All
-
to
-
All
-
(&
new_x
[
i
]);

/*
bcast
/
rec

values */

Global_barrier
();

/* wait for all
procs

*/

}

Slides for Parallel Programming Techniques & Applications Using Networked Workstations & Parallel Computers 2nd ed., by B. Wi
lki

The problem space is divided into cells.

Each cell can be in one of a finite number of states.

Cells affected by their neighbors according to certain rules, and all cells
are affected simultaneously in a “generation.”

Rules re
-
applied in subsequent generations so that cells evolve, or
change state, from generation to generation.

Most famous cellular automata is the “
Game of Life
” devised by
John
Horton Conway
, a Cambridge mathematician.

Other fully synchronous problems

Cellular Automata

Slides for Parallel Programming Techniques & Applications Using Networked Workstations & Parallel Computers 2nd ed., by B. Wi
lki

Board game
-

theoretically infinite 2
-
dimensional array of cells.

Each cell can hold one “organism” and has eight neighboring cells.
Initially, some cells occupied.

The following rules were derived by Conway after a long period of
experimentation:

1. Every organism with two or three neighboring organisms

survives for the next generation.

2. Every organism with four or more neighbors dies from overpopulation.

3. Every organism with one neighbor or none dies from isolation.

4. Each empty cell adjacent to exactly three occupied neighbors will give

birth to an organism.

The Game of Life

Slides for Parallel Programming Techniques & Applications Using Networked Workstations & Parallel Computers 2nd ed., by B. Wi
lki

Fish

Might move around according to these rules:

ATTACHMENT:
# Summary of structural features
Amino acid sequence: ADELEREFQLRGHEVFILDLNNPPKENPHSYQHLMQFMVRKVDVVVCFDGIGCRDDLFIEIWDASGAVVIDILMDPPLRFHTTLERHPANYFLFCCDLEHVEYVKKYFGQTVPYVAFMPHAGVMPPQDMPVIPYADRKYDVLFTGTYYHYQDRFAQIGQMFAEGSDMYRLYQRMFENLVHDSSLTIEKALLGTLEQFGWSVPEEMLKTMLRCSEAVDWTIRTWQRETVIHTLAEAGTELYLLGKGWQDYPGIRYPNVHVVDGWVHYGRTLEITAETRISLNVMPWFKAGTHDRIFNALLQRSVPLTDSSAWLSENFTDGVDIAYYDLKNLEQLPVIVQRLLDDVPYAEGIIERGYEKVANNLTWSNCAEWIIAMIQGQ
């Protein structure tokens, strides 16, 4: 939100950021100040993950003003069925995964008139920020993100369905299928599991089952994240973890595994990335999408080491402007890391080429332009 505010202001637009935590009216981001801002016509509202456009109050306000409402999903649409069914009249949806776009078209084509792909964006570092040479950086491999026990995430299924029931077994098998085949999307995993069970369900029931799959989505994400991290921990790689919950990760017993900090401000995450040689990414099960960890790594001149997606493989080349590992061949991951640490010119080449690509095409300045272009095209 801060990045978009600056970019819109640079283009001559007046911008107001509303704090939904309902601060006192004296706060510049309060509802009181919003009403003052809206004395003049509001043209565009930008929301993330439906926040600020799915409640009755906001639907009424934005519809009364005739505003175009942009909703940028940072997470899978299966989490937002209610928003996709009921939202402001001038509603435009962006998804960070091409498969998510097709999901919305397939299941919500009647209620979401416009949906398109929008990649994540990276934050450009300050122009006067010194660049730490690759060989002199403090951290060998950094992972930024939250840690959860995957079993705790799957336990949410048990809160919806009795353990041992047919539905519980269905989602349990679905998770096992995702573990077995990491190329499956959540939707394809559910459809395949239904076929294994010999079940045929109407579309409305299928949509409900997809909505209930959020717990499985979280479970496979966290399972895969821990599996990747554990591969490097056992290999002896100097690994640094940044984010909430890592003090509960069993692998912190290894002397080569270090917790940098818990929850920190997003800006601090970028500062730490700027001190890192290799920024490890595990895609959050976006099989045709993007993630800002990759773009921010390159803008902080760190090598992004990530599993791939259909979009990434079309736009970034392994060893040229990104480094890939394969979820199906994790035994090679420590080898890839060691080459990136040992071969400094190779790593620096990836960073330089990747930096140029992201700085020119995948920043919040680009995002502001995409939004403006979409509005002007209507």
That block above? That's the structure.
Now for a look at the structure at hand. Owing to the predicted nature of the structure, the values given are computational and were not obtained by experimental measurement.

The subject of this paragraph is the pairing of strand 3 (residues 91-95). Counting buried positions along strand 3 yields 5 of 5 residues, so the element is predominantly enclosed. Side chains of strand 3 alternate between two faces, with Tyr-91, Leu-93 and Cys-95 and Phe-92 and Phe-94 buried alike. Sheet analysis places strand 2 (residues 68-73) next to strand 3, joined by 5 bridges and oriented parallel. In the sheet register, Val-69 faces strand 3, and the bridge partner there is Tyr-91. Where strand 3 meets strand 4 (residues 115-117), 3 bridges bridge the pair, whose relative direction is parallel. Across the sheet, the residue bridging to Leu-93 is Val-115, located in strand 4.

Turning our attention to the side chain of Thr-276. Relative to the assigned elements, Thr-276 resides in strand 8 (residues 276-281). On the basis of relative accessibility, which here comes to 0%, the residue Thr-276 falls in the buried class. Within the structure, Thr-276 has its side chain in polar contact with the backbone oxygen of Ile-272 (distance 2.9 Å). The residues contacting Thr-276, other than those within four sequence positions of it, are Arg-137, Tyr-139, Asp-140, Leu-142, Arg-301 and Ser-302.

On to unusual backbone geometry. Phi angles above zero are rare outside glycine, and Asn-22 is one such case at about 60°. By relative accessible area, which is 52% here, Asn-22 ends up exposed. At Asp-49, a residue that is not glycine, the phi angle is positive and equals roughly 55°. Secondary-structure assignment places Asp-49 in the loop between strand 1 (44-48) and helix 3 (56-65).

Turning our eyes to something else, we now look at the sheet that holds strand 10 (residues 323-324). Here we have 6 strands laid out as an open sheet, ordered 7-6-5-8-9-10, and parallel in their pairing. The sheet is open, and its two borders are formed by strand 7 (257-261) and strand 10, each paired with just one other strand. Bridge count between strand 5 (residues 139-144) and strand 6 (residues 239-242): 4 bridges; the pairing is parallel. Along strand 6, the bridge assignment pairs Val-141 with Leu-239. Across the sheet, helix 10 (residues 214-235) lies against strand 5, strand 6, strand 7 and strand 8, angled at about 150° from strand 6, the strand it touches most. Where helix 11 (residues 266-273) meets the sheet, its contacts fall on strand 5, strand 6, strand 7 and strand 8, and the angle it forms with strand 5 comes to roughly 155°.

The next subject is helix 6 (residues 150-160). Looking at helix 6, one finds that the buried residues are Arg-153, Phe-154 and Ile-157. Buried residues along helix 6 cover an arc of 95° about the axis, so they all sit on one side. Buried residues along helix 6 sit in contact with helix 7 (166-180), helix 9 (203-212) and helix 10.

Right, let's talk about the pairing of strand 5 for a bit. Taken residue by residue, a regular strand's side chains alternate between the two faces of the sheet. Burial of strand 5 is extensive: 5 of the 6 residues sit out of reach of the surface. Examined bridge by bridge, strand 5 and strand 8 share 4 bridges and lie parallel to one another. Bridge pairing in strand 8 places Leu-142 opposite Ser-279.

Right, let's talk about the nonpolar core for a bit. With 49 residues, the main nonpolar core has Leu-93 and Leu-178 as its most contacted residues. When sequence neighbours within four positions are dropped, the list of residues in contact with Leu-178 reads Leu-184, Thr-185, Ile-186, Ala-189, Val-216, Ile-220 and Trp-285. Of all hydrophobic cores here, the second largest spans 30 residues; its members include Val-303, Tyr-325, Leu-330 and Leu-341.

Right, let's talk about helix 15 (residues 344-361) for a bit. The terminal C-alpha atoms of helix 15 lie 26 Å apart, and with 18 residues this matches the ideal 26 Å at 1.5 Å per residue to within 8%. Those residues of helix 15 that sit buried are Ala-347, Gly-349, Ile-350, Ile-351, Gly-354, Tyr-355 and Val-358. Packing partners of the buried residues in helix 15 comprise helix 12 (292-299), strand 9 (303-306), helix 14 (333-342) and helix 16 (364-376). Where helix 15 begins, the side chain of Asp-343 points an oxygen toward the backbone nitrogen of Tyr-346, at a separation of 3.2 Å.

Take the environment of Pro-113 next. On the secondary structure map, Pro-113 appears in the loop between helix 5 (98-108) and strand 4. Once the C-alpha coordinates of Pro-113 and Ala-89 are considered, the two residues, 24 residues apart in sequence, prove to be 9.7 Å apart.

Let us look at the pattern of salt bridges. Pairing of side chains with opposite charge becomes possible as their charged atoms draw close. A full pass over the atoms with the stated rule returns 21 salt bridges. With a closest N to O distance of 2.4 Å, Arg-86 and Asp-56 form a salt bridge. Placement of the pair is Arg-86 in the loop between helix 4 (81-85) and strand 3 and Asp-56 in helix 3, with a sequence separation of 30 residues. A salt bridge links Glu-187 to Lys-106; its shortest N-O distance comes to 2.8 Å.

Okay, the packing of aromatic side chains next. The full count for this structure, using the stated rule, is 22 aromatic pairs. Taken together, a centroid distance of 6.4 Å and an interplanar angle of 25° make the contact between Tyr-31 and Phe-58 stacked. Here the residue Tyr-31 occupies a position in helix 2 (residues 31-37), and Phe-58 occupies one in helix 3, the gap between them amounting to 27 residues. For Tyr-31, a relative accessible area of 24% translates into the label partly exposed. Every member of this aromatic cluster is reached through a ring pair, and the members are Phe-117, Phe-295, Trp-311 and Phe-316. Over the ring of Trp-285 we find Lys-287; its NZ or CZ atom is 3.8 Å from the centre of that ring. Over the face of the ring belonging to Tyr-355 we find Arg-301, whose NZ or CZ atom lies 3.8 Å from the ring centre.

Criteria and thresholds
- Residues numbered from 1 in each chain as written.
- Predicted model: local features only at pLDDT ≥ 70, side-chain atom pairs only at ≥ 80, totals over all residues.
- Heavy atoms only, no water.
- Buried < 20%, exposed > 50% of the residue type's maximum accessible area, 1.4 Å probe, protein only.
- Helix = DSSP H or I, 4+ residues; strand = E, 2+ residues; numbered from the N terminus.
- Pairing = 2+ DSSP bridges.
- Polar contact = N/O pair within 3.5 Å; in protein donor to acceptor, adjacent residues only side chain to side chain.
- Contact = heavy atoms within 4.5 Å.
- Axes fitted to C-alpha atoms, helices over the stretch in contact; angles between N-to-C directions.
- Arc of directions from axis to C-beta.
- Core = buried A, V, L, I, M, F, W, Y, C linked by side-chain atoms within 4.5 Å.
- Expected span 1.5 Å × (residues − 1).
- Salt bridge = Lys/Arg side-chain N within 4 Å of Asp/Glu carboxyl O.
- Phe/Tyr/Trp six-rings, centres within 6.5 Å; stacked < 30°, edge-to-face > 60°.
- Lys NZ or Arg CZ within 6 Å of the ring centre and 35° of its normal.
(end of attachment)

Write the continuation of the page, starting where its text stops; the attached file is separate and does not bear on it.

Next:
1.
If there is one empty adjacent cell, the fish moves to this cell.

2.
If there is more than one empty adjacent cell, the fish moves to one
cell chosen at random.

3.
If there are no empty adjacent cells, the fish stays where it is.

4.
If the fish moves and has reached its breeding age, it gives birth to a
baby fish, which is left in the vacating cell.

5.
Fish die after
x
generations.

Simple Fun Examples of Cellular Automata

“Sharks and Fishes”

An ocean could be modeled as a 3
-
dimensional array of cells.

Each cell can hold one fish or one shark (but not both).

Slides for Parallel Programming Techniques & Applications Using Networked Workstations & Parallel Computers 2nd ed., by B. Wi
lki

Sharks

Might be governed by the following rules:

1.
If one adjacent cell is occupied by a fish, the shark moves to this cell and
eats the fish.

2.
If more than one adjacent cell is occupied by a fish, the shark chooses one
fish at random, moves to the cell occupied by the fish, and eats the fish.

3.
If no fish are in adjacent cells, the shark chooses an unoccupied adjacent
cell to move to in a similar manner as fish move.

4.
If the shark moves and has reached its breeding age, it gives birth to a baby
shark, which is left in the vacating cell.

5.
If a shark has not eaten for
y
generations, it dies.